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Replacing my antenna cable on my E38

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I had been getting terrible radio communication from my vhf radio and traced the problem to my antenna cable that ran to the top of the mast. The cable ran from my radio at the port nav station, under the U-shaped dinette aft storage seat, and into the bilge, before going up the mast. My mast was down for winter storage in Maine, so I decided to tackle the project. I first looked on the Forum, expecting to find a detailed explanation with photos and diagrams, but found only a few comments, so on a warm day, I started taking things apart.
My mast was placed on top of 3 saw horses that had 1/2 round covered (with carpet) cutouts to allow the mast to rotate, with the mast track facing up. I firsts had to remove both the gooseneck bracket attached to the mast, along with the boom vang bracket below it, to remove the mast tracks, to gain access to the wire chute, which holds the electrical wires and antenna cable and is located immediately behind the track. Both brackets were held tightly onto the mast with 8 stainless machine screws bolted into the aluminum mast, with some type of caulking. Of course I didn't have any screwdrivers large enough to turn the screws. There was obvious corrosion visible as well. Not good. I had purchased the boat in Oxnard, CA in 2004 and had never removed either bracket before. Naturally, most of the screws were frozen so I generously sprayed the screws with screw release, and tapped the screws with a hammer and went home to get a much larger screwdriver. Day 1 done. Returning on another warm Spring day in Maine (and we dont have many of these) I sprayed the screws again before making another attempt to remove them. This time I used my very large orange handled screwdriver and placed a wrench just below the screwdriver handle, to gain additional torque. Eventually I was able to remove all 16 screws and remove the brackets. Surface corrosion on the mast wasnt too bad, but the stainless brackets attached to the aluminium mast was not a good thing, and insufficient separation of the metals created the corrosion problem. I scraped away most of the white powdery corrosion and deteriorated metal, but didn't have any sandpaper or a wire brush with me. My wrists and arms were too tired to continue, anyway, so I left the loose parts in the correct orientation, with each screw similarly marked, and went home to have a few beers and think things over. Day 3. Back at the mast with my new antenna cable, RG8-X, a thin, spring-loaded grabber to pull the new antenna cable through one of the holes on the wire chute from the top hole at the masthead, sandpaper, rustoleum paint, and caulking, and of course, my orange handled screwdriver. I began removing the lower track first. Not a real problem. It slid right out. The main mast track is in 2 parts, and the years of dirt and salt build-up made it very dificult to slide the tracks out enough to get access to the existing, but broken, original antenna cable. A bit of wd-40, and I was able to slide the tracks out enough to gain access to the original antenna cable, hidden behind. I fed the new cable through the top of the mast, up and inside the wire chute, taped the new cable to the existing but old Belden antenna cable, and pulled the whole thing through, to the bottom of the mast. I pushed the top track back into place, then the second track, and then sanded, painted and caulked the bracket holes, and back of the gooseneck bracket and vang bracket, before screwing the whole thing back together. Now if it only works!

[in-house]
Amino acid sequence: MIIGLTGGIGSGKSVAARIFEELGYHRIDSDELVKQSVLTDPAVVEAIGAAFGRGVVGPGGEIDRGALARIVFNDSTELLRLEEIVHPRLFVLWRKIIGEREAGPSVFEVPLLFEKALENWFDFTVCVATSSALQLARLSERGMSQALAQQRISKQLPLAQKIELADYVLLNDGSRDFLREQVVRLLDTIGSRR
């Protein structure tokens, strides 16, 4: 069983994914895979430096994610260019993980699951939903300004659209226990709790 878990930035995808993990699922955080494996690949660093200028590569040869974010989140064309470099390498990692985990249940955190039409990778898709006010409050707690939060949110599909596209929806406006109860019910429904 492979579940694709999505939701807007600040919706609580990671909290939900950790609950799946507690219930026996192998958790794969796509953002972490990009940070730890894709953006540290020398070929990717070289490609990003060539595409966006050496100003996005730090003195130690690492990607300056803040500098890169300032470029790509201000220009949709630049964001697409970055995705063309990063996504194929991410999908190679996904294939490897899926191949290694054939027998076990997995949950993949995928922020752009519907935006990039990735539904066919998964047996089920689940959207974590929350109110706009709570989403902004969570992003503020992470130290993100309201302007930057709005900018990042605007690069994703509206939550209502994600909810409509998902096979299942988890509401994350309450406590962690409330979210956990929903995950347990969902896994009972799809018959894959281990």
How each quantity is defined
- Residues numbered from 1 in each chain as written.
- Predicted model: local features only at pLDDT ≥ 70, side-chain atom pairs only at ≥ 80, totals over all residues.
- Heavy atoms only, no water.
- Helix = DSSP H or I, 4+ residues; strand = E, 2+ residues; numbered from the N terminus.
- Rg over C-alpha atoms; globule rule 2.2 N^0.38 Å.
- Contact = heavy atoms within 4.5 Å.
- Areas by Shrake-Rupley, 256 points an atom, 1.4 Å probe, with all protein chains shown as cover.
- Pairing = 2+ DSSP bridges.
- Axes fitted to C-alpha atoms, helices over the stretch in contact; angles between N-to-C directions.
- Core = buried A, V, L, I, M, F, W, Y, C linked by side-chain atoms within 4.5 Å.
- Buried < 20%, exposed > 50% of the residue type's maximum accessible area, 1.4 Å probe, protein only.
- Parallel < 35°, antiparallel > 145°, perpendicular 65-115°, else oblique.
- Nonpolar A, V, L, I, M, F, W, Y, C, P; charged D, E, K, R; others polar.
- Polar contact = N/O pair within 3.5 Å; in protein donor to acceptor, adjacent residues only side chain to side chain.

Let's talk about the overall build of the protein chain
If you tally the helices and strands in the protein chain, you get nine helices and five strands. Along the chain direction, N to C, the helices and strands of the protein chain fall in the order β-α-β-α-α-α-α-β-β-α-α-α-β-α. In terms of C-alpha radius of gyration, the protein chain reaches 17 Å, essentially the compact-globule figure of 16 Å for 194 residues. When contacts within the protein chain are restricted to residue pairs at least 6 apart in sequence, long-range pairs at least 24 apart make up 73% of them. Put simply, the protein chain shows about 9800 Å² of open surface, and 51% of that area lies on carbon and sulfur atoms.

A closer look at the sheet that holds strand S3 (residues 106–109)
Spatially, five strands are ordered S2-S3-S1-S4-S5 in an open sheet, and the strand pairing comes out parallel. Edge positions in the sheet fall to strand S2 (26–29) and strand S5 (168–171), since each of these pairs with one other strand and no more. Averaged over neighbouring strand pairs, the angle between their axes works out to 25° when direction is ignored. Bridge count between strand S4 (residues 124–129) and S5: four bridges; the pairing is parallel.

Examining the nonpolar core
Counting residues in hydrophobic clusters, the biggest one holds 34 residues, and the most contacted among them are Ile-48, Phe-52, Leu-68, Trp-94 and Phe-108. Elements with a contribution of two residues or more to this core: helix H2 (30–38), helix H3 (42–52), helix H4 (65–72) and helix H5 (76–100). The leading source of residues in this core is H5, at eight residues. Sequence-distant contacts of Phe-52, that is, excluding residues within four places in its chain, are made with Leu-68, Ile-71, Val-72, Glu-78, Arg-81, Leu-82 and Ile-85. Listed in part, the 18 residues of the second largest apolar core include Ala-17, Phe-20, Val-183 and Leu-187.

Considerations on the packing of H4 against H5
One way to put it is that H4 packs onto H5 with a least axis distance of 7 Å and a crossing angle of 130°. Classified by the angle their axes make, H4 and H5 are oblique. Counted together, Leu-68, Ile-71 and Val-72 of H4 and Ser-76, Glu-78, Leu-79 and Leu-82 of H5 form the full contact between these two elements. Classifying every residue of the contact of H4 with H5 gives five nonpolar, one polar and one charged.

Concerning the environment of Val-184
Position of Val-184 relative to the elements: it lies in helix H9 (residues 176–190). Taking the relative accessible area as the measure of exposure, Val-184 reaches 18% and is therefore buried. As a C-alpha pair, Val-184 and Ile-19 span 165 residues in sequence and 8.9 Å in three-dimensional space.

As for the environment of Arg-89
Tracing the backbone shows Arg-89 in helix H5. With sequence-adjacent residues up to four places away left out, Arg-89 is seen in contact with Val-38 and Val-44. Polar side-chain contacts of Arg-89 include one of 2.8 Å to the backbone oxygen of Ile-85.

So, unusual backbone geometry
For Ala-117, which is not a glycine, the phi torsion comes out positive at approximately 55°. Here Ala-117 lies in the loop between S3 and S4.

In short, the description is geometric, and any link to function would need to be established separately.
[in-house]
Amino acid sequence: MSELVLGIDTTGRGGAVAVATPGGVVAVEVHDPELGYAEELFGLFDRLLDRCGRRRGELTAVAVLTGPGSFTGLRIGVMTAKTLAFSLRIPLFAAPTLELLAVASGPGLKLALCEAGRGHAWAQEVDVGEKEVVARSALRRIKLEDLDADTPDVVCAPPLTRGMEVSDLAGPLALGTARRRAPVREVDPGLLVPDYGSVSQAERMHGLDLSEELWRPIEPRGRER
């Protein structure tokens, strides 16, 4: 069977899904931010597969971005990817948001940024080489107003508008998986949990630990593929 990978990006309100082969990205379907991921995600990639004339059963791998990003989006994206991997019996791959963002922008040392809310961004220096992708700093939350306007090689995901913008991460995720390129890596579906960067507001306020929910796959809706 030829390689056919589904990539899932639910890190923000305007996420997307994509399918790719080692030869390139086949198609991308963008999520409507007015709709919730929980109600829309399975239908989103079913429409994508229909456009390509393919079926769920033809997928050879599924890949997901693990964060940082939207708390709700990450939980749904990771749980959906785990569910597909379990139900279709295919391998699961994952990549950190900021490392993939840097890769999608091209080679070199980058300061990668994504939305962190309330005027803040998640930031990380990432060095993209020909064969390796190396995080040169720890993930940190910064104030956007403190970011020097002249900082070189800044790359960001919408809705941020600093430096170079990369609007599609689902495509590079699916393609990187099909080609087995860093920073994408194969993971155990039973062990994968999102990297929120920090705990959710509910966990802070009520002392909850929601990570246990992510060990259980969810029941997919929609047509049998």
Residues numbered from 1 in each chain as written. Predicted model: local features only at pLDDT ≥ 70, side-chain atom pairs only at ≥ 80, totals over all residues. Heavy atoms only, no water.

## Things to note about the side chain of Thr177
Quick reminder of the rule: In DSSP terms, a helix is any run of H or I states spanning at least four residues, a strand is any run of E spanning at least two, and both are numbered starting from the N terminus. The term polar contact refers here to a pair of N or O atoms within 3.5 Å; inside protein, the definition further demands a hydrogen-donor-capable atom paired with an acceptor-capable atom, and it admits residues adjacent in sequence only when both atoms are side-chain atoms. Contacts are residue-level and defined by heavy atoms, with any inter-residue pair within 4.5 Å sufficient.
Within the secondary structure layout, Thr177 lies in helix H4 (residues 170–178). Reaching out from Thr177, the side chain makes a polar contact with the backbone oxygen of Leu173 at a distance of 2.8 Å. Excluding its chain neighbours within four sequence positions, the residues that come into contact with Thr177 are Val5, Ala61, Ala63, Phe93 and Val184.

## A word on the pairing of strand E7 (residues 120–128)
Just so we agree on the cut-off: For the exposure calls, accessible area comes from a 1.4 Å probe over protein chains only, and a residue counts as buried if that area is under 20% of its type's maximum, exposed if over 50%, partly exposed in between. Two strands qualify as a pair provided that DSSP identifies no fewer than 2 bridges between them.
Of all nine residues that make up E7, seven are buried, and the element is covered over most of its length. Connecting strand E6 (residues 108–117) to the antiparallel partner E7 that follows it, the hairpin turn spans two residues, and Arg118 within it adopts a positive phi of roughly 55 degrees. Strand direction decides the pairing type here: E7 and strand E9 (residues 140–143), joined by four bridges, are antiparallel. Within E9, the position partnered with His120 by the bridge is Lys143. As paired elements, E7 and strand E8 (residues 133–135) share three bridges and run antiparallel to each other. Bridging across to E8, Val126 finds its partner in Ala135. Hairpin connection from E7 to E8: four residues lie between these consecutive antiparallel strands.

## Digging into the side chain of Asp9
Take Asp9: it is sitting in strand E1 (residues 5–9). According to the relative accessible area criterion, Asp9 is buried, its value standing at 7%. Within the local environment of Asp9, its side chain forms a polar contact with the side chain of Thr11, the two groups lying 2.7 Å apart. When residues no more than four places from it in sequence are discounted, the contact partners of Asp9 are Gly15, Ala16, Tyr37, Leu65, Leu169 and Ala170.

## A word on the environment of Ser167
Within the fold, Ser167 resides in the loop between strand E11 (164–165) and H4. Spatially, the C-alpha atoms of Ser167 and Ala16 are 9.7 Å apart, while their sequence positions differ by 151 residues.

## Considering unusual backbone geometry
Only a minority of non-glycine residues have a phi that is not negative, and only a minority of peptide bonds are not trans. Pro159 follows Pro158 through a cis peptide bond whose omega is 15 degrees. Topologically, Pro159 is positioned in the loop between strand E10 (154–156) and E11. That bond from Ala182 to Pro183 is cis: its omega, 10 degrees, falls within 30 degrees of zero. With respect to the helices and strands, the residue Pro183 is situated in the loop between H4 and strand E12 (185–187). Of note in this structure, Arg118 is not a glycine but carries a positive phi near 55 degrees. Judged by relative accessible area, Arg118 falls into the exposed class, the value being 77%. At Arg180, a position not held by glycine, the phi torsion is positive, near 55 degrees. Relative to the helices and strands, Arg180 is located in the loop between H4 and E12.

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Updated 06-04-2018 at 04:35 AM by Lawdog

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Maintenance and Mechanical